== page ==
Bee-Baw Bee-Baw Bee-Baw

You’re driving along in your car, minding your own business, when BAM! Your rear vision mirror is filled with red and blue flashing lights. An ambulance screams by, sirens wailing into the night.

Ever wondered how ambulances work out whether or not they should use lights and sirens when traveling to a patient? Sometimes you see them with lights on, other times you don’t.

In theory, a balance is measured between the risk posed to paramedics/ the public by high-risk increased speed driving, vs the risk of additional time delay to the patient. In reality, someone also factors in the risk of an ambulance service being taken to court for not traveling with lights and sirens.

What this results in for the western world is a commonly used algorithm, where a call operator asks a series of preset questions to determine where in the algorithm you fit.

Language changes varying by jurisdiction, but generally looks something like this:

Priority 0: is a patient believed to be in respiratory or cardiac arrest.
Priority 1 :A patient with time criticality, such as a chest pain patient.

All the above get lights and sirens. The ones underneath don’t aren’t dispatched with any bells or whistles.

Priority 2 are patients who requires some sort of timely treatment, but nothing immediate, this may include something like a broken bone.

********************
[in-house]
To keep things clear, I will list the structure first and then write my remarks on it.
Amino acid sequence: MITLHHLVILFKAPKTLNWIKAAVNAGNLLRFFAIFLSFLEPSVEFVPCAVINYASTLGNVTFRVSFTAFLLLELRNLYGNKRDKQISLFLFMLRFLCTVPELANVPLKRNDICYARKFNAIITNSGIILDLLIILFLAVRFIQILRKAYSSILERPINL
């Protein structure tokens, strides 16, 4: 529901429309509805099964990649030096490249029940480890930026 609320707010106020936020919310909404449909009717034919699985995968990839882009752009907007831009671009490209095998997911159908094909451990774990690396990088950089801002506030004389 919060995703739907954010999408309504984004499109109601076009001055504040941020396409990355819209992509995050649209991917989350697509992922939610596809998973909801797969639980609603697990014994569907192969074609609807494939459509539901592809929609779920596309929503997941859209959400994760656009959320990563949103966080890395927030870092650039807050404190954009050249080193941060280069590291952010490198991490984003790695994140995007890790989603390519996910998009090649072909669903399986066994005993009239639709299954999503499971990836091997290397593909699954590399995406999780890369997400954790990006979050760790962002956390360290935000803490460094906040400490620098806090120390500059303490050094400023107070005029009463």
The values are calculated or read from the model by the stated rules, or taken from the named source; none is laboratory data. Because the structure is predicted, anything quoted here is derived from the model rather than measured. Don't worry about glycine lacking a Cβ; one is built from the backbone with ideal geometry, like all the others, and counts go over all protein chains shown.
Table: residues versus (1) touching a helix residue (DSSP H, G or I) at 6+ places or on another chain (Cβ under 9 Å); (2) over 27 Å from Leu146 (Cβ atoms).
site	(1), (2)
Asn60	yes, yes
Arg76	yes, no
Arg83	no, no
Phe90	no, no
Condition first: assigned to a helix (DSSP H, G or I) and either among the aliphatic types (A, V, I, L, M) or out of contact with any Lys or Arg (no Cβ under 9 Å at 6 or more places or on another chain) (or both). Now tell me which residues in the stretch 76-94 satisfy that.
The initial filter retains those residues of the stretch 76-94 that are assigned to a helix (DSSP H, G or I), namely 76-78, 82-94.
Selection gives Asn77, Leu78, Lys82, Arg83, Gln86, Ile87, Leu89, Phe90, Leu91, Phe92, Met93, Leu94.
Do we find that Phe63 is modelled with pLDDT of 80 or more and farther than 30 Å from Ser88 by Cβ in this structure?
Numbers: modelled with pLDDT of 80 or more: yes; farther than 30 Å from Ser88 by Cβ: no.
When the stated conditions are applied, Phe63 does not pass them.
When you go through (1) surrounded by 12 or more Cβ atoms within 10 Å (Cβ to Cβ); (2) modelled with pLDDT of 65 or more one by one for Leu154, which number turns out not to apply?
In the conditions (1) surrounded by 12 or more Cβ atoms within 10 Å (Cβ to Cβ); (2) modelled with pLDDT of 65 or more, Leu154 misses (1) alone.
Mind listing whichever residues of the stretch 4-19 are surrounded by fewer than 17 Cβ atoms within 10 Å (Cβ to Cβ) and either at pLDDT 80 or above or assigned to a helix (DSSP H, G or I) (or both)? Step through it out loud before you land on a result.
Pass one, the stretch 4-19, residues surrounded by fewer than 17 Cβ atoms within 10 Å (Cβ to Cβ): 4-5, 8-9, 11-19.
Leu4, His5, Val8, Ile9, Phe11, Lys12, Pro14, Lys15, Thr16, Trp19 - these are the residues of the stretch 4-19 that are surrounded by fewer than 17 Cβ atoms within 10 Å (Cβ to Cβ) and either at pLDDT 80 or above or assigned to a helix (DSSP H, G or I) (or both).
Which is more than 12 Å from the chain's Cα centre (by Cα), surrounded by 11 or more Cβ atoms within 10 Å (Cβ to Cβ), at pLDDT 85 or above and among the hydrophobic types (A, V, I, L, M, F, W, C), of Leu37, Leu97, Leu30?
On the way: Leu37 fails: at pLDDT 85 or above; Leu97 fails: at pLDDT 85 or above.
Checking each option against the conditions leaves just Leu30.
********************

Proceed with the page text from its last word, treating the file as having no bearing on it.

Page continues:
Last and least: priority 3. These are patient’s who have something like the flu and require no emergency treatment or assessment.

The problem with this is, the algorithm has a lot of trouble telling the difference between the ‘haemorrhage’ coming from a stubbed toe, and the ‘haemorrhage’ coming from an amputated foot.

Further more, with GPS tracking on most vehicles now, the closest truck is often the one dispatched, meaning a crew returning from the regional hospital can get caught up going to jobs well outside their coverage zone.

The result of this is an often skeptical attitude towards pager messages. See, most of the time our ‘unconcious’ patients, are alert and having a jolly chat when we arrive. Likewise, ‘breathing problems’ can be someone with a blocked nose and the sniffles.

For us, it’s a little like crying wolf. But we have to respond the best way we can each time. Sometimes people play the system using the buzz phrases of chest pain, weakness, not alert or difficulty breathing to get an ambulance faster.

Other times, the system gets it wrong (more on that next post), and you casually walk into a house which you’ve mosied along to and discover a critically ill patient who needs treatment yesterday.

But that’s part of the fun, you never know what you’re going to get.

Regardless of how sick they are, once our patients are loaded we always drive slowly back to the hospital. The lights come on only to clear traffic: its damned difficult to do CPR in the back of an ambulance going around a round about. It’s even harder to set up an IV line and give drugs.

How do things work in your world?


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